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April 15, 2016 GRIEF MINISTRY The Catholic Commentator 3B
“For the Lord does not reject forever; though he brings grief, he takes pity, according to the abundance of his mercy; he does not willingly afflict or bring grief to human beings.” Lam 3:31-33
The Catholic Commentator GRIEF MINISTRY April 15, 2016
By Richard Meek The Catholic Commentator
Father Gerald Burns empathizes with individuals suf- fering from chronic pain.
As someone who survived a tormenting 18-month bout with polymalgia rheumatica, an autoimmune disease that causes inflammation throughout the entire body, Father Burns understands what it’s like to live in pain, to the point where leaning over and picking up a piece of paper from the floor can be excruciating.
Because of his own experience, Father Burns devel- oped sensitivity to those in similar circumstances. But it wasn’t until he heard through vicar general Father Tom Ranzino about a retreat being offered in another area of the country for individuals suffering with chronic condi- tions or terminal illness that he saw an opportunity to get involved.
Father Burns said that Father Ranzino mentioned the retreat in August during one of their monthly clergy sup- port group meetings. Father Ranzino had learned of the retreat when attending a funeral for a clergy friend in In- diana.
“When I heard about it, instantly there was a draw to it,” said Father Burns, who was diagnosed with polymal- gia rheumatica in 2012 after experiencing several months of increasing pain and numerous consultations with his personal trainer and physician.
“I was sensitive to the fact of what it’s like to have a dis- ease that limits you,” added Father Burns, who today re- mains active and does Pilates, stretching and other forms
of exercise, always aware of the possibility of the disease returning. “And I wasn’t used to being limited in any way. So that’s why I was drawn to it.”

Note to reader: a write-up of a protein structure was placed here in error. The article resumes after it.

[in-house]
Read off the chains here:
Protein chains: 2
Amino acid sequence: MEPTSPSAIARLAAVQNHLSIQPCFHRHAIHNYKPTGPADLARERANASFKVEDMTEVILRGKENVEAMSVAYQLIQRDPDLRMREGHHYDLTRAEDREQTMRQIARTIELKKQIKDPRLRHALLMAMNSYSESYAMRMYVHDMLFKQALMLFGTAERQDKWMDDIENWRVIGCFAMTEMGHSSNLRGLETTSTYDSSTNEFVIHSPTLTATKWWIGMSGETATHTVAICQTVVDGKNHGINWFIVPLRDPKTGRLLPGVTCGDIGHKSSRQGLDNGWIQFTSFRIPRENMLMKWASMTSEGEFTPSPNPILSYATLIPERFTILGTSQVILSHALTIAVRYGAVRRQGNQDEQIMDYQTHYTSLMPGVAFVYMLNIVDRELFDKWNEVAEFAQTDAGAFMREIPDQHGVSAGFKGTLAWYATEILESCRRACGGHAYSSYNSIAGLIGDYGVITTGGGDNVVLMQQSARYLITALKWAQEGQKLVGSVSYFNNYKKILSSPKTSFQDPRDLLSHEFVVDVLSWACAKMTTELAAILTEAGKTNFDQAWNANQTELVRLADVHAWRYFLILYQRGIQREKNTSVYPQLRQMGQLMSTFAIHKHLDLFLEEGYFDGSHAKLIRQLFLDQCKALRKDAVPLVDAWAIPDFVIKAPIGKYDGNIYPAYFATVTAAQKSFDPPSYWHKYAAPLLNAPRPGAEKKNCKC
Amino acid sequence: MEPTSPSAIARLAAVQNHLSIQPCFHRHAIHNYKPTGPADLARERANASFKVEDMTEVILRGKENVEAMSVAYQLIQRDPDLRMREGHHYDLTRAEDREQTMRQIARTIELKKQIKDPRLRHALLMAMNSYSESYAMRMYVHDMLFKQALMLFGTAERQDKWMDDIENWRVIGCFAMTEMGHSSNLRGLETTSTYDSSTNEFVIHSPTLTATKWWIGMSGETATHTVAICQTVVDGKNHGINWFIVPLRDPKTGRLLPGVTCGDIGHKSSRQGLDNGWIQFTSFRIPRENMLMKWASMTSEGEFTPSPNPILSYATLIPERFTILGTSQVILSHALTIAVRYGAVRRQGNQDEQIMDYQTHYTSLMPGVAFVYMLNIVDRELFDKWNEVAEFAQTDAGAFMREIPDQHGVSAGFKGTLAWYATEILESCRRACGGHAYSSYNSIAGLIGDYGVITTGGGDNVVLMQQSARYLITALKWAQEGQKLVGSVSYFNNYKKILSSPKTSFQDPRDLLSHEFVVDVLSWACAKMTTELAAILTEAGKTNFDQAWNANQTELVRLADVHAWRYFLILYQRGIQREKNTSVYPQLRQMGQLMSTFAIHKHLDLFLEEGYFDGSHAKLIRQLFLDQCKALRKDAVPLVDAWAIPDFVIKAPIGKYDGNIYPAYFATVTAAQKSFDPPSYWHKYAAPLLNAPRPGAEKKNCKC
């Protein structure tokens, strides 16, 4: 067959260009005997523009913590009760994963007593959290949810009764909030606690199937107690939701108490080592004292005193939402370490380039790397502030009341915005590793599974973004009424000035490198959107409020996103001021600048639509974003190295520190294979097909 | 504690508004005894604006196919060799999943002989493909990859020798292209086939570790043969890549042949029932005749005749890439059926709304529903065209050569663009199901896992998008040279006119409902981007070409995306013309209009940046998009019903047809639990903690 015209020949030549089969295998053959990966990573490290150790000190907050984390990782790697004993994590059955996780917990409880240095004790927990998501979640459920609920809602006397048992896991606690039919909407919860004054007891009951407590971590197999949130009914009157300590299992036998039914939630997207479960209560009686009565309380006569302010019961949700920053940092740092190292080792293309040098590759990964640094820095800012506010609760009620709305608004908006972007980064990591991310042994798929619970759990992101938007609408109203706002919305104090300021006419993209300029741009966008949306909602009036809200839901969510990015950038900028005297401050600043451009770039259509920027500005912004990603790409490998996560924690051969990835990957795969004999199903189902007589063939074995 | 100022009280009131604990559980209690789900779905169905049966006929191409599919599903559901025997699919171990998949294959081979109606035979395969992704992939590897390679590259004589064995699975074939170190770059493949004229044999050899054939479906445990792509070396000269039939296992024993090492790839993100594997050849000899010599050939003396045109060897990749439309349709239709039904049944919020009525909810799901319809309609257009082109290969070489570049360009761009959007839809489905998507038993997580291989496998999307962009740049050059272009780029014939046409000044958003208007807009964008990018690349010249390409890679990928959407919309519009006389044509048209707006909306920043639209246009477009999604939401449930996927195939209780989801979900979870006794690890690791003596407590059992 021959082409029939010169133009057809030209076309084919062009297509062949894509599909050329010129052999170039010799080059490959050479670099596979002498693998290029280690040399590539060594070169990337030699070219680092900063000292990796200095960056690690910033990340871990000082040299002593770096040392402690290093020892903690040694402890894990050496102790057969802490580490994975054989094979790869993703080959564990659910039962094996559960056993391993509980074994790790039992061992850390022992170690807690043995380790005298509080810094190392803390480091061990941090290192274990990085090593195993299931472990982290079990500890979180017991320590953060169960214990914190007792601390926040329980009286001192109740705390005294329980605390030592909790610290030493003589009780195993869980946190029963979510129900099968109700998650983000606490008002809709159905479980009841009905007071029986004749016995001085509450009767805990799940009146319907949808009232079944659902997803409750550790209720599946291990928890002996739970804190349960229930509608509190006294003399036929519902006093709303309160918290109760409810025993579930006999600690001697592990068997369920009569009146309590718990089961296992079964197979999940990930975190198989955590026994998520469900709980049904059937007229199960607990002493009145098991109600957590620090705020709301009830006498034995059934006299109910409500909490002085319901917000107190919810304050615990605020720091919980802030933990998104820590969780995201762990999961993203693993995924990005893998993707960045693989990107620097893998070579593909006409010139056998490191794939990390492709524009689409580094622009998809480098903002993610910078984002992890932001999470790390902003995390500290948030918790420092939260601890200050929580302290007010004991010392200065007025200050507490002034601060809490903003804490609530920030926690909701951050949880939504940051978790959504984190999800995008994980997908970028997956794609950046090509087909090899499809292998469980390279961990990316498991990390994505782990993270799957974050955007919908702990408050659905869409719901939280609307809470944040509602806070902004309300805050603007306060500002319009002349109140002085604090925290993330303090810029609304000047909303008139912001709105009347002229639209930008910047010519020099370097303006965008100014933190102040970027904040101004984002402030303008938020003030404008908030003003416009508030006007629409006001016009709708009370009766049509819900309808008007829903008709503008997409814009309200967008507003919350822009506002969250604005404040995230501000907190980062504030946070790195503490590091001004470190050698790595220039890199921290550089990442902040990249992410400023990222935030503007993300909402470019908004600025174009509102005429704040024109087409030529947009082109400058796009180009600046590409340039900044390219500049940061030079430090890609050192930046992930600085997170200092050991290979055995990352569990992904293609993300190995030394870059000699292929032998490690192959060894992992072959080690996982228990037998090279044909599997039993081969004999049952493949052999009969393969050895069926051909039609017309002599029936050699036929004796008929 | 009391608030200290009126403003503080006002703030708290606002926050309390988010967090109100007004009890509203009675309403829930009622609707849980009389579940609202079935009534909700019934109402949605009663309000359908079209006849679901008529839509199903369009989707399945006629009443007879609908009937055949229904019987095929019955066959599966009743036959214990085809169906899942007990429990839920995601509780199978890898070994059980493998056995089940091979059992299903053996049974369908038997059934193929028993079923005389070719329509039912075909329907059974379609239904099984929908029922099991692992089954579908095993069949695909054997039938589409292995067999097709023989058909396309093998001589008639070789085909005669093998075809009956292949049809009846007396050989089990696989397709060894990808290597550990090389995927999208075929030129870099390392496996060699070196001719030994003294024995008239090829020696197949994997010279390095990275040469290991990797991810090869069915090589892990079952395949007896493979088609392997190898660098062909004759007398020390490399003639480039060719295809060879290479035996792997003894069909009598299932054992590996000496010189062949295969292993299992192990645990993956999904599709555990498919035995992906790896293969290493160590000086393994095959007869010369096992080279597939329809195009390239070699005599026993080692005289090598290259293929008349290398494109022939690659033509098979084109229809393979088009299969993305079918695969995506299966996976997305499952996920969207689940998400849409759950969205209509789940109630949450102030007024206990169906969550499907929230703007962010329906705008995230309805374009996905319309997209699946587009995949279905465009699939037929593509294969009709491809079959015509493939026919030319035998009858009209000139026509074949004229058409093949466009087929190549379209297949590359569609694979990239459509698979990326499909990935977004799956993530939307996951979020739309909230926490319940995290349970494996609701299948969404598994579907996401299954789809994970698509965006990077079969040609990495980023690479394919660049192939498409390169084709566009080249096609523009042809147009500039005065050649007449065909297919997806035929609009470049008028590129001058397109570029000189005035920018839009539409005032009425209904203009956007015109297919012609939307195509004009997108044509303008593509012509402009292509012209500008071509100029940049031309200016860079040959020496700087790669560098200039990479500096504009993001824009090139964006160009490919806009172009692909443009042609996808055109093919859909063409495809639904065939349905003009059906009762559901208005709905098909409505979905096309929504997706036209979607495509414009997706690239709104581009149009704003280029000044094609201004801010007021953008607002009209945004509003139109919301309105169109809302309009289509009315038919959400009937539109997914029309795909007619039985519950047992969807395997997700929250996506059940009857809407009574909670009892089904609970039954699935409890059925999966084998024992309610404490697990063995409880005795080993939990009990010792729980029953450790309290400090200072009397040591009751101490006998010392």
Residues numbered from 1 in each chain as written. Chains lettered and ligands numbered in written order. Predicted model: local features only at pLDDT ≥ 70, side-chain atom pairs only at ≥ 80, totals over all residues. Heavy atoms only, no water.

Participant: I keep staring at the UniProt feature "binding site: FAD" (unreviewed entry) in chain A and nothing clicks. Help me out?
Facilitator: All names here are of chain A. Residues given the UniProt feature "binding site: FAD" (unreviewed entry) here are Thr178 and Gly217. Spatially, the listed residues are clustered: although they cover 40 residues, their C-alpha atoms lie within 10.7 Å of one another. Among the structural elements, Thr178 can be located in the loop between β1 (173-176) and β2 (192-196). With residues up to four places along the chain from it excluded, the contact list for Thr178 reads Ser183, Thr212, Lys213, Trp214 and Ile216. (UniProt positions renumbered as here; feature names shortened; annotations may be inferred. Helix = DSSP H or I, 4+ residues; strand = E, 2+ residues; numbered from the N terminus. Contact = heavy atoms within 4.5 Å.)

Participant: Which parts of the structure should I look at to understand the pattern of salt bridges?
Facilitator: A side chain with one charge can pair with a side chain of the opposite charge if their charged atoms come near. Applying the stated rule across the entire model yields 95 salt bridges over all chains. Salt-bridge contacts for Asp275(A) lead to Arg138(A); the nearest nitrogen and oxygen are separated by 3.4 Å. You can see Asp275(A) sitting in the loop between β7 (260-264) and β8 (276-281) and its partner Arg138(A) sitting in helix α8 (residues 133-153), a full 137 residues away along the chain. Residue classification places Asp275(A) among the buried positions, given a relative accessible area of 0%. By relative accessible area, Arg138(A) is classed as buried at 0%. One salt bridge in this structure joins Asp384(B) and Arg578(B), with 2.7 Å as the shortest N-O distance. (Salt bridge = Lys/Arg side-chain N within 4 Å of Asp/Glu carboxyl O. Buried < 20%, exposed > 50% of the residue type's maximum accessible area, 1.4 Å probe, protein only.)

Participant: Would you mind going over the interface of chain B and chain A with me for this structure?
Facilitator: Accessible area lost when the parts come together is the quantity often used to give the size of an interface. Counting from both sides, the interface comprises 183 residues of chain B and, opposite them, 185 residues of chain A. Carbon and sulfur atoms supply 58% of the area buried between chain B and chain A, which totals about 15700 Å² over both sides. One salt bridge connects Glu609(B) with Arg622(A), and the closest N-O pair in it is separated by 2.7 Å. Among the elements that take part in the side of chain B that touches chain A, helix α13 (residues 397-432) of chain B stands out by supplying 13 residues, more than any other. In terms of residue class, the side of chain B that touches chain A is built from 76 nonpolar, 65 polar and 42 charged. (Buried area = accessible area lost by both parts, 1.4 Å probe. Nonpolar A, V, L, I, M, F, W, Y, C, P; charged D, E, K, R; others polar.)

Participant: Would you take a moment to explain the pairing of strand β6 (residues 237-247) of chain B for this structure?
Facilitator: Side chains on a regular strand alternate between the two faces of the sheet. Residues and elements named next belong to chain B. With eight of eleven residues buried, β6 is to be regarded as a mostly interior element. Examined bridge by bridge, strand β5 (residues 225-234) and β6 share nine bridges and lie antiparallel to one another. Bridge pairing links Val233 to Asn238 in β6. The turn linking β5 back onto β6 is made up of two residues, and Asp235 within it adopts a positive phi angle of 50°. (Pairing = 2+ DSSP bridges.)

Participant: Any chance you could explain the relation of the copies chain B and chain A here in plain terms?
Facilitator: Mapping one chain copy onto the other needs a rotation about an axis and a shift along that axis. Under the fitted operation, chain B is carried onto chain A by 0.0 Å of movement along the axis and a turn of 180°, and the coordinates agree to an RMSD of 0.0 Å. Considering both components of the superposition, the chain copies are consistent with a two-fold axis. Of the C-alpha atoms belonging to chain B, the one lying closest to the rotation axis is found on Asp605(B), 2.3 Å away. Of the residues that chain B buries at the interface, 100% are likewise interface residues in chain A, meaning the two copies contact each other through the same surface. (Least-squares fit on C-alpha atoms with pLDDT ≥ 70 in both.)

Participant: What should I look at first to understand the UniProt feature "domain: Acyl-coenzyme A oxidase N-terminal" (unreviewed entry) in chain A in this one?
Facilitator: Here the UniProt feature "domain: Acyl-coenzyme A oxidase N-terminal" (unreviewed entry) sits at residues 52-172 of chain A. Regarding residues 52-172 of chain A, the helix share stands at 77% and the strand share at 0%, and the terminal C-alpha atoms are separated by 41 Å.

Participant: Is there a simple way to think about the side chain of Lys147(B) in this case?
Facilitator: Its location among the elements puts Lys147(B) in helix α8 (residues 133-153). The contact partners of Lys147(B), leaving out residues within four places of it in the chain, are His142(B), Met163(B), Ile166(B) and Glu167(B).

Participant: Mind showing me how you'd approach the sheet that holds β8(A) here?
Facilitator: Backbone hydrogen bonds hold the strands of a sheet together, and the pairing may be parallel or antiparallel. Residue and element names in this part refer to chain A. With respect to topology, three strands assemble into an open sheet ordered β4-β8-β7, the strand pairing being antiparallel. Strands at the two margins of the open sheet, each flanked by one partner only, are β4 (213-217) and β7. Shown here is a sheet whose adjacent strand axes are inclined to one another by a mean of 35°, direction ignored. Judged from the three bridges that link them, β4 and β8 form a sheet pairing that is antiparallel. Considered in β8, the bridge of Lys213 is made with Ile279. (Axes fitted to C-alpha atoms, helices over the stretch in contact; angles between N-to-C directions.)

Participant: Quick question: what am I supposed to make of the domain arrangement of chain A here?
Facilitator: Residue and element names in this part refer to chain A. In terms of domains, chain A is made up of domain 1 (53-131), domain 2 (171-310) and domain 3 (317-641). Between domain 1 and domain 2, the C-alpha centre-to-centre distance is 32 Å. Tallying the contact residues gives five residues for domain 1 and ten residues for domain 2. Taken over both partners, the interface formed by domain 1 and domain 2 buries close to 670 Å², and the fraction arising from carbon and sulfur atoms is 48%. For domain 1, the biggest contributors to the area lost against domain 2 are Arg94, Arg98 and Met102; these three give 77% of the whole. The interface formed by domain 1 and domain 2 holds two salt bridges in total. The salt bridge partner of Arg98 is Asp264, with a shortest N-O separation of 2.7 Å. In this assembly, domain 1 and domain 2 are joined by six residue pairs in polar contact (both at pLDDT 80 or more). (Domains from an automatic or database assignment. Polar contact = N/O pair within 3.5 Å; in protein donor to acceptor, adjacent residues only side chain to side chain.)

As an avid reader of re- nowned Catholic author Father Thomas Merton, Father Burns’ anticipa- tion heightened when he learned a retreat was going to be held this past October in Gethsemani, Kentucky,
where in 1941 Father Merton entered the monastic com- munity of the Abbey of Gethsemani at Trappist.
Accompanied by Father Donald Blanchard, Father Burns, who retired in 2011, attended the retreat, which is limited to 15 people. He said the retreat was emotional- ly stirring, with many people sharing their own personal stories regarding their various conditions.
He recalled in the opening session, even before the opening prayer, a gentlemen with terminal cancer shared that after receiving his initial diagnosis he was angry with everyone, but most of all God. But after coming across a horrific car accident, Father Burns said the man realized the fragility of life and how death can be so sudden.
“Right then and there he began to say (his illness) is not a great curse; it’s really a gift,” said Father Burns, add- ing that the gentlemen went on to say he had the chance, which so many others do not, to put his life in order and to
make peace with God. “You could feel the emotion in the room,” he added. Upon leaving, Father Burns immediately began re-
searching the feasibility of hosting a similar treat in Baton Rouge. The first one is tentatively scheduled at the Bishop Tracy Center in the spring of 2017.
After searching several retreat centers, Father Burns concluded the best location was in the heart of Baton Rouge, at the Tracy Center, which he said is a “wonderful facility, everything you need for a great retreat.”
One challenge is converting five bathrooms to be hand- icap accessible at the cost of $10,000 per bathroom, but he said an individual has committed to providing the neces- sary funding.
He already has several volunteers committed for what will be a 25-person hospitality team, as well as a nurse and a commitment from Our Lady of the Lake Regional Medi- cal Center for a physician should an emergency arise.